I only have to point to the 555 plus failed .com companies (according
to Web Mergers) as the poster children of the “speed at any
cost” business mantra that clearly doesn’t work. And, these
werecompanies who burnt through significant amounts of capital (in
the millions, tens of millions or hundreds of millions in many cases)
while they were rushing to get to market.
Do you wonder why every time you talk to someone he or she seem to be
in such a hurry that they don’t really have time to talk with
you? But, if you want to work with them you have to try and converse
on the phone as a first step, or even worse, setup some type of a
face-to-face meeting. What’s going on why aren’t we all
slowing the pace down so we can focus on business processes that are
based upon viable models? Especially in these economic times where
relationships and processes are critical to ongoing success and/or
I think we are experiencing some type of a .com hangover effect.
Everyone was in such a hurry during the heady GBF (“get big
fast”) .com days trying to do the “land grab” while
“driving an “online brand” that would lead to a quick
“exit strategy” that they forgot to really define a viable business
model that included development of tangible goods and services for
I still come into contact with many people that act like they’ve
been hard wired to a double espresso they aren’t sure what
theyare doing, where they are going, but they want to do everything
in a hurry! It seems like many are still trying to build a business
the same way they did during the last two years, when fundamentals
and many niceties of business went out the window, while greed became
the order of the day.
We are telling our clients speed can and does kill on the web
its time to slow down and think strategically about what they want to
do and then build marketing campaigns and processes that convey
tangible value to their market demographics (read customers!).
Here are some fundamental marketing rules for living life in the slow
(but safe) lane:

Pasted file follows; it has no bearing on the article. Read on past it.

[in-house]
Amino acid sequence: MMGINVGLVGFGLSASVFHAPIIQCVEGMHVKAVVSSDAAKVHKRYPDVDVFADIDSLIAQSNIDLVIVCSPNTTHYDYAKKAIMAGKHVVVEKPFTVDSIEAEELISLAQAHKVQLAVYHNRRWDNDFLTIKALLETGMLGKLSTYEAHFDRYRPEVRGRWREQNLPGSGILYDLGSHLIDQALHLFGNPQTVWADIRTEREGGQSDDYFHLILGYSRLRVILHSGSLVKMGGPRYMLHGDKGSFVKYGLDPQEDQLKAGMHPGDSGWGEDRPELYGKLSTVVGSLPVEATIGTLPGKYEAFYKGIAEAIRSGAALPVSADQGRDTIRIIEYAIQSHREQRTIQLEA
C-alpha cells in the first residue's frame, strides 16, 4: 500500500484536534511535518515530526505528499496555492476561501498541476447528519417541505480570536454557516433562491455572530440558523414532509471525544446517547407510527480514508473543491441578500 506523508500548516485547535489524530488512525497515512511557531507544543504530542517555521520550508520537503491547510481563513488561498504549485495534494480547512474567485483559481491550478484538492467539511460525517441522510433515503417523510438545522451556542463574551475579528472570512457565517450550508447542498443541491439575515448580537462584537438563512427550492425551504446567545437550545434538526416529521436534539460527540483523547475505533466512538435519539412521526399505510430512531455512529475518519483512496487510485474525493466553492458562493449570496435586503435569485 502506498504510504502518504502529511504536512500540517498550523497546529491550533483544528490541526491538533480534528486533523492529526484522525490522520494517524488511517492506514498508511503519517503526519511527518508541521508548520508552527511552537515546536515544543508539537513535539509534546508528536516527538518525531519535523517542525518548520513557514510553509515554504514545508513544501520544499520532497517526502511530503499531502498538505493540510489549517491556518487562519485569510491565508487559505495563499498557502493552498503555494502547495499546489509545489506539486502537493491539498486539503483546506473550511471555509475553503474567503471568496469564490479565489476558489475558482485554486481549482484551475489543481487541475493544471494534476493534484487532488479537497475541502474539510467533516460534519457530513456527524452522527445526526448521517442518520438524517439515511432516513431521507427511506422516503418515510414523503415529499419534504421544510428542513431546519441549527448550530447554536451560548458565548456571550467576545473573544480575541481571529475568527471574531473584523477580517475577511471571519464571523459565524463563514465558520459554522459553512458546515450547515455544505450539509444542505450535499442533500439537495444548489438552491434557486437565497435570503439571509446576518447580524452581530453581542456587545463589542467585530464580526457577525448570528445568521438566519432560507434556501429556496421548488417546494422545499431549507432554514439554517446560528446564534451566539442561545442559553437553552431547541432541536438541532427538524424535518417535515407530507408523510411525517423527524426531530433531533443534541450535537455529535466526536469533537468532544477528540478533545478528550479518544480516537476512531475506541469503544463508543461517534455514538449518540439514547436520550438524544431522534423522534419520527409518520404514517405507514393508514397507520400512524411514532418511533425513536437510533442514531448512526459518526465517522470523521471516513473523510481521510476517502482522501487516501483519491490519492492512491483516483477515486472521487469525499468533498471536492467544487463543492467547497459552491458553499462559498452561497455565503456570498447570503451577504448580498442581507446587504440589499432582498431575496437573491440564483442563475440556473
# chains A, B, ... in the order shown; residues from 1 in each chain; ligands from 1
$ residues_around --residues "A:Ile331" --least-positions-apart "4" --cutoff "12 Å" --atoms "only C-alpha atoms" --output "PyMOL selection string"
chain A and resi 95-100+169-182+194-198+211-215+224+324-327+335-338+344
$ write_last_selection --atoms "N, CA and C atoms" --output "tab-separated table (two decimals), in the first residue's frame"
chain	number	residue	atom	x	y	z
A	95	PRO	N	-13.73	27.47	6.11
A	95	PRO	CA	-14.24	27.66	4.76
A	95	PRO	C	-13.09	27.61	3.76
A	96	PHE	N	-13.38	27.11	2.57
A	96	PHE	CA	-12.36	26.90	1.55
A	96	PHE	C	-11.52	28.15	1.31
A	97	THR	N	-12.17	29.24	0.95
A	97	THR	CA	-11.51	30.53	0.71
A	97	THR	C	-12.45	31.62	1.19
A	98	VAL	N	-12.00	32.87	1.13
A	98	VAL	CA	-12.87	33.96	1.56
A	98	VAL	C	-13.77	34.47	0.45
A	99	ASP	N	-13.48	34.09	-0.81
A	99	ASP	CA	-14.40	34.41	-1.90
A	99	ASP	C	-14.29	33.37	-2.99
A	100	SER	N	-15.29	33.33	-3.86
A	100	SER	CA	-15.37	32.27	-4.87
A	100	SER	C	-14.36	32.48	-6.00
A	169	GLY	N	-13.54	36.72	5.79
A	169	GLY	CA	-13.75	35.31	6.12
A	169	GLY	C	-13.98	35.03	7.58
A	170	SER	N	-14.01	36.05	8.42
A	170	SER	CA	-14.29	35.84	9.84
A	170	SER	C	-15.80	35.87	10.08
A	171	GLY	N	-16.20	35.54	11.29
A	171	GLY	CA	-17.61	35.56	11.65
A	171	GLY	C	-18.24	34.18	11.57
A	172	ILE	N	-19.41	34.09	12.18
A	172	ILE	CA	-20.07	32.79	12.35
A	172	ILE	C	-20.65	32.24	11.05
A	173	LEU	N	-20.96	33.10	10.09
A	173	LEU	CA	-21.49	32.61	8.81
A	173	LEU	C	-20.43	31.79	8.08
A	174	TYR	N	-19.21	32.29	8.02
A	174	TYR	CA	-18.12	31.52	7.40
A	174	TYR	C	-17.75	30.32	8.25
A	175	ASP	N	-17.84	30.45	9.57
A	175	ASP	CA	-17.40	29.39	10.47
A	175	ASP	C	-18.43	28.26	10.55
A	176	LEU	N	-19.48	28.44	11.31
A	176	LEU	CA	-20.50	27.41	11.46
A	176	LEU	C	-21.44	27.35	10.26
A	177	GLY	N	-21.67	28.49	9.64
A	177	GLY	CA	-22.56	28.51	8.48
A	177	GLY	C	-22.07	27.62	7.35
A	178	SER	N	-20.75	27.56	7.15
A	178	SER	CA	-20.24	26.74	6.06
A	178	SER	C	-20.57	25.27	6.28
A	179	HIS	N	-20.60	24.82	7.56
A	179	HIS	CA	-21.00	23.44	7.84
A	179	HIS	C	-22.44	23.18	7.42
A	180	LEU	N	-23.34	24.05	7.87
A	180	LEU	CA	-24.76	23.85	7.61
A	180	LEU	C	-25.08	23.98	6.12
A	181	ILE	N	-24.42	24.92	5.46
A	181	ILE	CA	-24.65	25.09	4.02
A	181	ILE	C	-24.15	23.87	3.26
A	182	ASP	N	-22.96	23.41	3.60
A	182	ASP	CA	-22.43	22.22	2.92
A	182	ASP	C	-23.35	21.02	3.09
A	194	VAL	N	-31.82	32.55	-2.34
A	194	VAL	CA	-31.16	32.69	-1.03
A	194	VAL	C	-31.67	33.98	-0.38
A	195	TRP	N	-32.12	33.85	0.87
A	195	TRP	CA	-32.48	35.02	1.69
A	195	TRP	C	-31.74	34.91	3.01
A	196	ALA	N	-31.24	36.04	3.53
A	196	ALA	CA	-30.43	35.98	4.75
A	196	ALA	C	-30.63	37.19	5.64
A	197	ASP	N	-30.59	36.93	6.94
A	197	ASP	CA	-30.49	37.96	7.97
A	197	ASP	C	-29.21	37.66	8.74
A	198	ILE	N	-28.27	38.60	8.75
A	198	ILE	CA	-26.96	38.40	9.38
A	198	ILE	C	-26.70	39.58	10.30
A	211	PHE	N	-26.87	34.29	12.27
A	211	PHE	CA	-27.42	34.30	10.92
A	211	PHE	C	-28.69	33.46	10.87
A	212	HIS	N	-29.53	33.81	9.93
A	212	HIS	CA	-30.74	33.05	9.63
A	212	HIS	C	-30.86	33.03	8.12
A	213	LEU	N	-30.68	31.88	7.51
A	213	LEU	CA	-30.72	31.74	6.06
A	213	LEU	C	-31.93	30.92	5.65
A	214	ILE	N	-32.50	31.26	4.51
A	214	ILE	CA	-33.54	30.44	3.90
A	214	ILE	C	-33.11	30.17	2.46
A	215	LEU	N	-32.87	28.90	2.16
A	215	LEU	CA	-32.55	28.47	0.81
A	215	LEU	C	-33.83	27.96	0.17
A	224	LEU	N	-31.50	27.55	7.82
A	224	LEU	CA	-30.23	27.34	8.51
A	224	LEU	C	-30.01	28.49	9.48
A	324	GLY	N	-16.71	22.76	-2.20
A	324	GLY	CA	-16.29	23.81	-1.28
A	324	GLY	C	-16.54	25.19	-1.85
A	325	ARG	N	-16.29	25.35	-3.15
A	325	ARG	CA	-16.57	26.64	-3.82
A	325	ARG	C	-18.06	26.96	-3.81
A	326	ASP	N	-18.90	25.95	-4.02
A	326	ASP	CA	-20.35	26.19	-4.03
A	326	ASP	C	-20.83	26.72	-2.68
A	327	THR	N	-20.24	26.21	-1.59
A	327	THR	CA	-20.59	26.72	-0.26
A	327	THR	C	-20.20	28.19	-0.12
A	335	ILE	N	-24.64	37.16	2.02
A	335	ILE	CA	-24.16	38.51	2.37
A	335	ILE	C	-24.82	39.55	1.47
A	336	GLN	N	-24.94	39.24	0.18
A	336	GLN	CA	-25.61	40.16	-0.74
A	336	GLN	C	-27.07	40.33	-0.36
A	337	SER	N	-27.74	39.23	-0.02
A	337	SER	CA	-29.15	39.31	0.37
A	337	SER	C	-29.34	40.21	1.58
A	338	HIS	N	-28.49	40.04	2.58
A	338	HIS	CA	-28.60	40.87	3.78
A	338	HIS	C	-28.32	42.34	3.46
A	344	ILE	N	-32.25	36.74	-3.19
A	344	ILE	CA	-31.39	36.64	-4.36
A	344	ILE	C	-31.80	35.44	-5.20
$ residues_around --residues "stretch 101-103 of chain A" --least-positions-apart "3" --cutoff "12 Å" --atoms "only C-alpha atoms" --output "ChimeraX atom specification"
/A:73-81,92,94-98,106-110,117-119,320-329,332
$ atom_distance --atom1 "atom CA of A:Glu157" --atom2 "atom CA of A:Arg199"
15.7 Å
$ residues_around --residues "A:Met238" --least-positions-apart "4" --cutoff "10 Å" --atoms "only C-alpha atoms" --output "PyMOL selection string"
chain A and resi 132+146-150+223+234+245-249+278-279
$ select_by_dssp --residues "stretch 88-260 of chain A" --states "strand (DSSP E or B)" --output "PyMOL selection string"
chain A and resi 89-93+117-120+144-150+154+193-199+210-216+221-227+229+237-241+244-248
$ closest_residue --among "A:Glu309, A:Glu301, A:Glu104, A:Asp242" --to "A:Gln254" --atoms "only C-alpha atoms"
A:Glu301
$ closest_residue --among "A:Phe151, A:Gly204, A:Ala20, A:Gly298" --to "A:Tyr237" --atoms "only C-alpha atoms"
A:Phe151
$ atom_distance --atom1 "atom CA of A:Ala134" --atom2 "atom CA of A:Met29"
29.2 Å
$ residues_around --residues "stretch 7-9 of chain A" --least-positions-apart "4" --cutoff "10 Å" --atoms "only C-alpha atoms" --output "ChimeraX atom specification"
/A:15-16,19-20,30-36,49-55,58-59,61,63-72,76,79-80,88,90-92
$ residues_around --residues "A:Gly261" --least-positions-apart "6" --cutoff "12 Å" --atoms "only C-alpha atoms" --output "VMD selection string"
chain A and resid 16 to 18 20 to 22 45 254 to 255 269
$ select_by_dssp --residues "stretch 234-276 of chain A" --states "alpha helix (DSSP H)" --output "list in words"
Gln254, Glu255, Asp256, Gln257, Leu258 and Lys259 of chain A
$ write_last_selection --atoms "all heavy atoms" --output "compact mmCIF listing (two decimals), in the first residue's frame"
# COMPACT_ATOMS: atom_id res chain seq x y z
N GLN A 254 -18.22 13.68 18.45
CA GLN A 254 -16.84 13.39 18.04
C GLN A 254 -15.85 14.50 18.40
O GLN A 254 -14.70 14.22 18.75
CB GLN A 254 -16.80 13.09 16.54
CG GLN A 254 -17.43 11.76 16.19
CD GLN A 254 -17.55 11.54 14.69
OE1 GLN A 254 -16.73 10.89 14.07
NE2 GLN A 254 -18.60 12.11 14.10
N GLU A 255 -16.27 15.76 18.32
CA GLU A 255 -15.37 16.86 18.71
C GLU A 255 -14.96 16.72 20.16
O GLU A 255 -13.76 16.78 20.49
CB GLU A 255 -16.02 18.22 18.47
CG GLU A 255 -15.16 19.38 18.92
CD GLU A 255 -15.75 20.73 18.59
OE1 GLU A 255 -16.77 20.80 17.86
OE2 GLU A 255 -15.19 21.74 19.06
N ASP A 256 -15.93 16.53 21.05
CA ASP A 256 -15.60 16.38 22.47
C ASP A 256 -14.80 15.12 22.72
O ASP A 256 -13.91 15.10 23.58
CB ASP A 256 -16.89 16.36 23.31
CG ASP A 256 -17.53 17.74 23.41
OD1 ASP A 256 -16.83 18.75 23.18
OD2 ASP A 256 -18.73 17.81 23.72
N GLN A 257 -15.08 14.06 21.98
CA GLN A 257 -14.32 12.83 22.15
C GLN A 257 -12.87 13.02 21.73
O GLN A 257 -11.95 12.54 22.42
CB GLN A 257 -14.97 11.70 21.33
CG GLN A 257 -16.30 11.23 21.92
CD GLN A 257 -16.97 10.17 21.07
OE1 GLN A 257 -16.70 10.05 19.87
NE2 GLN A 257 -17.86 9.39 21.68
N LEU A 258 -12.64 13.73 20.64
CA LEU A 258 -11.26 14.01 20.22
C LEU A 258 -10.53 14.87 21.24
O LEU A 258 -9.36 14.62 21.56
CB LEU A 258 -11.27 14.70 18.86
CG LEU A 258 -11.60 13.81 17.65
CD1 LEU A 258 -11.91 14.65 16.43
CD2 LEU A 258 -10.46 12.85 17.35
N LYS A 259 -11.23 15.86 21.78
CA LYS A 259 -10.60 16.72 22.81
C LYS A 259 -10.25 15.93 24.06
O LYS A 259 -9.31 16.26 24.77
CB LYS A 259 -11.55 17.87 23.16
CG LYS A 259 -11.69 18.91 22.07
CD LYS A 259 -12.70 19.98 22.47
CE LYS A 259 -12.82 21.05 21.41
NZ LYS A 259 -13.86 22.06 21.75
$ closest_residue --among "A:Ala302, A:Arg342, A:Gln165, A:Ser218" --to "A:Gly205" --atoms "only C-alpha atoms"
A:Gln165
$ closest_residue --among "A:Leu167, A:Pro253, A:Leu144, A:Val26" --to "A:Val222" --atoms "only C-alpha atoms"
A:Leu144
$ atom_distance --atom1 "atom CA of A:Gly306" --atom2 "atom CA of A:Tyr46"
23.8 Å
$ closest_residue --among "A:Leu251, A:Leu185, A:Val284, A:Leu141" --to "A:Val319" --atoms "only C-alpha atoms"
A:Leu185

1) Ensure all marketing collateral (web and offline) are in synch
invest sufficient time and resources to ensure there are no
discrepancies between them to build a cohesive brand that effectively
communicates what you do.
2) Take time to really evaluate business opportunities, don’t
just blast through relationships, meetings or assessments many
times you can build viable partnerships by sitting down and taking a
hard look at how third parties complement your business and vica
3) Use the web for what’s its really meant for as a highway
for communications and commerce, its not the “saving grace”
its been touted to be by many companies; 87% of Internet users today
utilize the web to research goods and services.
4) Make time to look at your competitors, whether they are across the
road or on the other side of the world the web has created a
commerce model where a competitor is just a click away; so carefully
analyze what your competitors are doing.
5) Communicate with your customers and partners it doesn’t
do much good to build a beautiful web site that does not make it easy
for people to contact your company. I’ve seen hundreds of web
sites the last year that don’t have e-mail contacts or phone numbers
listed prominently take/make time to build a site that lets people
communicate with you.
6) Hire people with some gray hairs they may not flash the
latest PDA at you or wear the latest trendy clothes, but many of them
have years of experience building companies slowly and carefully, by
paying attention to business fundamentals. I’ve got nothing
against youth, but it seems like many over 40-somethings got left by
the wayside in the .com mania and to the detriment of many companies.
7) Think small when your building a business, the billion dollar days
are gone with last year’s PR hyperbole. I get no royalties from
E.F. Shumacher, but I really think his “Small is Beautiful As if
People Mattered” is a wonderful book and the forward is done by
Paul Hawken, a brilliant serial entrepreneur, well known for his
landmark PBS (Public Broadcasting Service for global readers) series
on “Growing a Business” that inspired many of us to take the